Finding the line between friends and something-more can be tough, especially for Zainab. Photo: Rame Abdulkader.
Reading Time: 3 minutes

Men, sigh! They act like they don’t play the same mind games women do, when in fact they 100 per cent participate in them.

It seems like, just when I think I’m getting a bit closer to deconstructing the ambiguity that comes with having a male friend, it all comes crumbling down, and it feels like the puzzle pieces never end.

To understand my point of view you must first understand that my perspective is that of a Muslim hijabi who grew up with the influence of the Arab culture while being immersed in a Western society—all the while trying to find a balance between the two in order to stay true to my values. Dating is not a thing we are encouraged to do but getting married is expected—let’s just say it’s complicated.

On top of that, a big portion of my life was spent in an all-girl school. So, for me, understanding the male mind and communicating with men has been an experience like that of an infant learning how to walk—I take two steps forward, but still I keep landing on my ass.

The one time I had a male friend who really liked me, I thought nothing of it until he came out and said it (I have serious tunnel vision), so I did what any logical person would do: called my girlfriend freaked out, ghosted, blocked, and deleted his number.

Nonetheless, if I have feelings for the other person, I only ask for one thing: clarity. I’m back in the same cycle now, where I want to be friends with a guy but it’s difficult because I’m too busy trying to solve the conundrum—are we friends or is this moving in another direction?  

When our conversations  shift from flirtatious banter to him randomly inserting that he has feelings for his co-worker, it only complicates things.

Homie needs to make up his mind. We can be the type of friends that tell each other about our dating lives, but we can’t do that and still flirt—Honey, no.

To add onto it, the tricky part is that everyone I’ve talked to has different assumptions about what is socially defined as being “friends” and when it has moved to something more. Keep in mind that whatever it turns into, it will be restricted by the boundaries of “halal” interactions.

Halal – as defined by Zainab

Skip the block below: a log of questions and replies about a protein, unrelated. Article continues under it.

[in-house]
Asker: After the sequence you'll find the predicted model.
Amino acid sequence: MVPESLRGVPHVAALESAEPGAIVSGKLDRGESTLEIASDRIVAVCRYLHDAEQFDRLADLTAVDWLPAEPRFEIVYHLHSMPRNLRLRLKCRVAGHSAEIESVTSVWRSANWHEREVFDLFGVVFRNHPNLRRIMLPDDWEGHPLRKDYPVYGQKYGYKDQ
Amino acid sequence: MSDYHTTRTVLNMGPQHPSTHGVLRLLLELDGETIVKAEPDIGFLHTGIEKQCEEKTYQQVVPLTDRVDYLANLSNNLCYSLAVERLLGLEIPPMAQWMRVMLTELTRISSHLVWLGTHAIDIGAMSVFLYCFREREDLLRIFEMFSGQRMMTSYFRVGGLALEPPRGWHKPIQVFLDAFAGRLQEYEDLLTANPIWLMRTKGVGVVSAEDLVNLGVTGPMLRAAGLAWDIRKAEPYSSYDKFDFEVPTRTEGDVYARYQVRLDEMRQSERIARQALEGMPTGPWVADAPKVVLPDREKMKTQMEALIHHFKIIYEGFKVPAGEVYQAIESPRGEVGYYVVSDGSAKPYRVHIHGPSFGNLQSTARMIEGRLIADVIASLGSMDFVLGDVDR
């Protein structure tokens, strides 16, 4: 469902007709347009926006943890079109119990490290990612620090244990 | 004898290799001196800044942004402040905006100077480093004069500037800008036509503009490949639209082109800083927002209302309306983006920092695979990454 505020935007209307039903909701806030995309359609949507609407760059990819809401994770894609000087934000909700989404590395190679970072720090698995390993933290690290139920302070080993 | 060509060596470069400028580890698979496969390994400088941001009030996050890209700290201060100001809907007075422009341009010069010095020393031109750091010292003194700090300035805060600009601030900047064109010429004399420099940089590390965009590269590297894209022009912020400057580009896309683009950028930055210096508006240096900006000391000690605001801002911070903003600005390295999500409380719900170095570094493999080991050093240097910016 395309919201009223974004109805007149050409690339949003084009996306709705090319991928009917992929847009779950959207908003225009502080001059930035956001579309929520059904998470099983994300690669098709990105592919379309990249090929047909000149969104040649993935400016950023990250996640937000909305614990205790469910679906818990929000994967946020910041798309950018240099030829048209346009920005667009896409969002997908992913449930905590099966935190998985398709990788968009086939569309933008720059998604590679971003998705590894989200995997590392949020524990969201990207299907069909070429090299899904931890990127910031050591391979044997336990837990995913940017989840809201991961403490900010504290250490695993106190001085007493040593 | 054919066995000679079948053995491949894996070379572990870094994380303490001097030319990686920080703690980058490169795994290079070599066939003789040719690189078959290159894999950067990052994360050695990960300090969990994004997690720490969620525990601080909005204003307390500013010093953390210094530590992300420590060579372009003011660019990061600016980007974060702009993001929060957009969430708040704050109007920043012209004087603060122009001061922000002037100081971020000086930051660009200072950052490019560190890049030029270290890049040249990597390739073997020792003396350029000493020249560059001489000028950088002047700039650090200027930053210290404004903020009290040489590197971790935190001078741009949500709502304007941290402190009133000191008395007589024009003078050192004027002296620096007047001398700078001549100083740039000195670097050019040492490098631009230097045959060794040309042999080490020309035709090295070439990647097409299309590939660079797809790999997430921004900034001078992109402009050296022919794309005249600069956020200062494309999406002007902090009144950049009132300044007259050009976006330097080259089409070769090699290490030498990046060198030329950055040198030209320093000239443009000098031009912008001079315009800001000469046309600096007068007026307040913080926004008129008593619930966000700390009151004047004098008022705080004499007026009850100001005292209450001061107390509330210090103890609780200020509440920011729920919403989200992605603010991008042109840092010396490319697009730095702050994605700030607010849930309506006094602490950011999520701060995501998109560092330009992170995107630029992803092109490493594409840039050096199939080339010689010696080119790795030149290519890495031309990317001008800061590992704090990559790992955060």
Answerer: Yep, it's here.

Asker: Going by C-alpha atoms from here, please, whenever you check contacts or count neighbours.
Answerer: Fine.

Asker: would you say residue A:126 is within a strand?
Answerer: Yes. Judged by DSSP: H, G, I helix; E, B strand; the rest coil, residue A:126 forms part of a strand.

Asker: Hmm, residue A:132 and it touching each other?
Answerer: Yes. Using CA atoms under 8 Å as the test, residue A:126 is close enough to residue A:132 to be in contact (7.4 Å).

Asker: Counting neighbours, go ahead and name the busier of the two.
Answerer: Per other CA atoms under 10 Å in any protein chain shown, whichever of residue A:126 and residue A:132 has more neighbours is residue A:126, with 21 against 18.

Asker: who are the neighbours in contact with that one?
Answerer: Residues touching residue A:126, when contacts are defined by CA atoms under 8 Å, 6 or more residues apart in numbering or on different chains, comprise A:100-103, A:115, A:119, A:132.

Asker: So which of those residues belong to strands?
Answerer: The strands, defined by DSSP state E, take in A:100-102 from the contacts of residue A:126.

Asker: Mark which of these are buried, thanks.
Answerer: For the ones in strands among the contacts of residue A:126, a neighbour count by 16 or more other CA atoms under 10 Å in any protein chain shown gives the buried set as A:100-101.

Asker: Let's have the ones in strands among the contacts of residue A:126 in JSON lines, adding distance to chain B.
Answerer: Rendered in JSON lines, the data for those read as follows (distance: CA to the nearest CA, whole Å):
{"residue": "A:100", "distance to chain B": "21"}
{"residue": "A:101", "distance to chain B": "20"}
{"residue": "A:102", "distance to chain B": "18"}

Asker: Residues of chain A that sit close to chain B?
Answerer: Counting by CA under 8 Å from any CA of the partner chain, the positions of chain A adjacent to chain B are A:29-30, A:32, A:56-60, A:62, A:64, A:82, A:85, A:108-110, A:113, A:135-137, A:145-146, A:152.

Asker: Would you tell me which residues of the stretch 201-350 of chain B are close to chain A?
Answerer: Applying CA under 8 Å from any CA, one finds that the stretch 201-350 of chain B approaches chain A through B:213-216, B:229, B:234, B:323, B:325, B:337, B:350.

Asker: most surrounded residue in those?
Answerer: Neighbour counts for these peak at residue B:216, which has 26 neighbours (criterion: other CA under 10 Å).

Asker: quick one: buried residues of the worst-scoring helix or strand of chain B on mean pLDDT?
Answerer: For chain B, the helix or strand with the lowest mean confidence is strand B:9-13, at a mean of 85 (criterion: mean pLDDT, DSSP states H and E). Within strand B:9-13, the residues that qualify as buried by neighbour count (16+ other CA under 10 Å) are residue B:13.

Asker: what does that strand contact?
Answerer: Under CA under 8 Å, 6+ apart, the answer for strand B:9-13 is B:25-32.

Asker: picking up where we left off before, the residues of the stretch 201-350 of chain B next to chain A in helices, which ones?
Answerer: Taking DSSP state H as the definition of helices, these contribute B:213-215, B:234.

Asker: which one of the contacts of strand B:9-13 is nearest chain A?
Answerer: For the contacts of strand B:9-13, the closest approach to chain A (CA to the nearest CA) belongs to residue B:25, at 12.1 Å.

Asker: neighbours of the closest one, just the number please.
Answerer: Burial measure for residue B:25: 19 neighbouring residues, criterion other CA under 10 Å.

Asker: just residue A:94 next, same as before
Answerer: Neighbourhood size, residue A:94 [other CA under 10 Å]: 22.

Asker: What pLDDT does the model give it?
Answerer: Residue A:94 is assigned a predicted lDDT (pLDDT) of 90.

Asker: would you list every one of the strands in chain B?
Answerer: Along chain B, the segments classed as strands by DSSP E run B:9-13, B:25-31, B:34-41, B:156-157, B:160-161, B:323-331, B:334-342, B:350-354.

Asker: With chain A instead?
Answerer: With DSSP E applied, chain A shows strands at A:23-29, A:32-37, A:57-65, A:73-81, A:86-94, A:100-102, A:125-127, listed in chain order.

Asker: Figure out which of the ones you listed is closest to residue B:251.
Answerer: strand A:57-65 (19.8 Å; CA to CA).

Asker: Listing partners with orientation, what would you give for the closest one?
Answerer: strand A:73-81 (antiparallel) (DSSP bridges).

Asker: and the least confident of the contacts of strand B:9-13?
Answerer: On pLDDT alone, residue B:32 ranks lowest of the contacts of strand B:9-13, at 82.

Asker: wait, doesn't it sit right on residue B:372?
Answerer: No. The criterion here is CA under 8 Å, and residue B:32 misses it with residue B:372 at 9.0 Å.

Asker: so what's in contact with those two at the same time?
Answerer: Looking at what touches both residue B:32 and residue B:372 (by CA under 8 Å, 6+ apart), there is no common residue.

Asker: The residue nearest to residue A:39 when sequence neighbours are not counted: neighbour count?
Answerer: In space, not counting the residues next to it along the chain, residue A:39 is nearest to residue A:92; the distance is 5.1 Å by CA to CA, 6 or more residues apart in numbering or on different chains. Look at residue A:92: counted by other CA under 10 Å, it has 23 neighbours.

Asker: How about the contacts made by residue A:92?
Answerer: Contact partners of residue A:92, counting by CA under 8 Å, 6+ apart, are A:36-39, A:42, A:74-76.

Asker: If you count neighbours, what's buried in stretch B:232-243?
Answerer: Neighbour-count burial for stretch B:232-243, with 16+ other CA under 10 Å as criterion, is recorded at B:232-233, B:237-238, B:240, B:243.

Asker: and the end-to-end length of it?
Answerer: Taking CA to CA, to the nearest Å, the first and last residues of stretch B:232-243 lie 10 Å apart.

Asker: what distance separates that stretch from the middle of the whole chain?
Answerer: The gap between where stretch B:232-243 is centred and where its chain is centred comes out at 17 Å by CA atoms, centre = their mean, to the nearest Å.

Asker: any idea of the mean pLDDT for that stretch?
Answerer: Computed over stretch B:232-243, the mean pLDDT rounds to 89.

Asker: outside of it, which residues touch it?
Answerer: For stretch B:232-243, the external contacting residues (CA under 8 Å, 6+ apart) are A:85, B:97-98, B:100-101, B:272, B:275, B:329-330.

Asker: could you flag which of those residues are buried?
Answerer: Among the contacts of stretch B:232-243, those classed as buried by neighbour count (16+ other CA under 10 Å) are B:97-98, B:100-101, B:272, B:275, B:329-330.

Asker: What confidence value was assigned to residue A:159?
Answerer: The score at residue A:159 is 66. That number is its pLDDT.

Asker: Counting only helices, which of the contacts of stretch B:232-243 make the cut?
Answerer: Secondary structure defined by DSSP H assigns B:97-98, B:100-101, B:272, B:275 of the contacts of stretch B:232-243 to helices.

Verb, Noun, Adjective

A halal interaction between a male and female means no hand touching, no physical closeness, and a restriction on acting upon emotions of like-ness. And, no—in this context it’s not in reference to the way we consume our meat or chicken.

When other people tell you “he’s only telling you he’s dating to test the waters,” my response is, “what waters is he swimming in?” and “why would that remotely make sense when trying to gauge if I’m interested in him?”

Just tell me you dig me (even though that goes against the halal rule), and that you think I’m awesome—because yes, some validation would be nice. I’m a self-assured woman that knows her worth, but if a man wants to compliment me, I invite him to be honest. Fuck off, society.

In the end it comes down to questions about who do I listen to, and what do I trust? Trying to figure all this out is like trying to put together  an Ikea bookshelf without a manual. I might as well just admit defeat.

So, you may be thinking, “why doesn’t she just ask the lad?” In truth I can’t because it might bring up conversations I’m not ready to have. I’m naïve, I’m not an idiot.

Sure, the not knowing is giving me an aneurism, but facing the music means I have to be honest and frankly, don’t know what I want from this bookshelf … do I want it to be functional? Or, do I want it to just be loose pieces of wood I slowly figure out along the way?

To top it off, this situation makes me question if I’m just projecting social norms of what a male and a female should be to one another. With all the cultural deterrents, it’s difficult for me to also be honest with myself and with the guy in question.

Now that you’re privy to the inner thoughts of a confused overthinking 20 something female with zero understanding of acceptable cultural and social norms, help a girl out.

Take my quiz to see the madness I’m dealing with, because I want to know: are we just friends?

Photo: Zainab Al-Mehdar.


  • Spring 2022: Desiree Nikfardjam Fall 2021: Zofka Svec 2020-2021: Aisling Murphy 2019-2020: Ryan Pepper 2018-2019: Iain Sellers 2017-2018: Ryan Pepper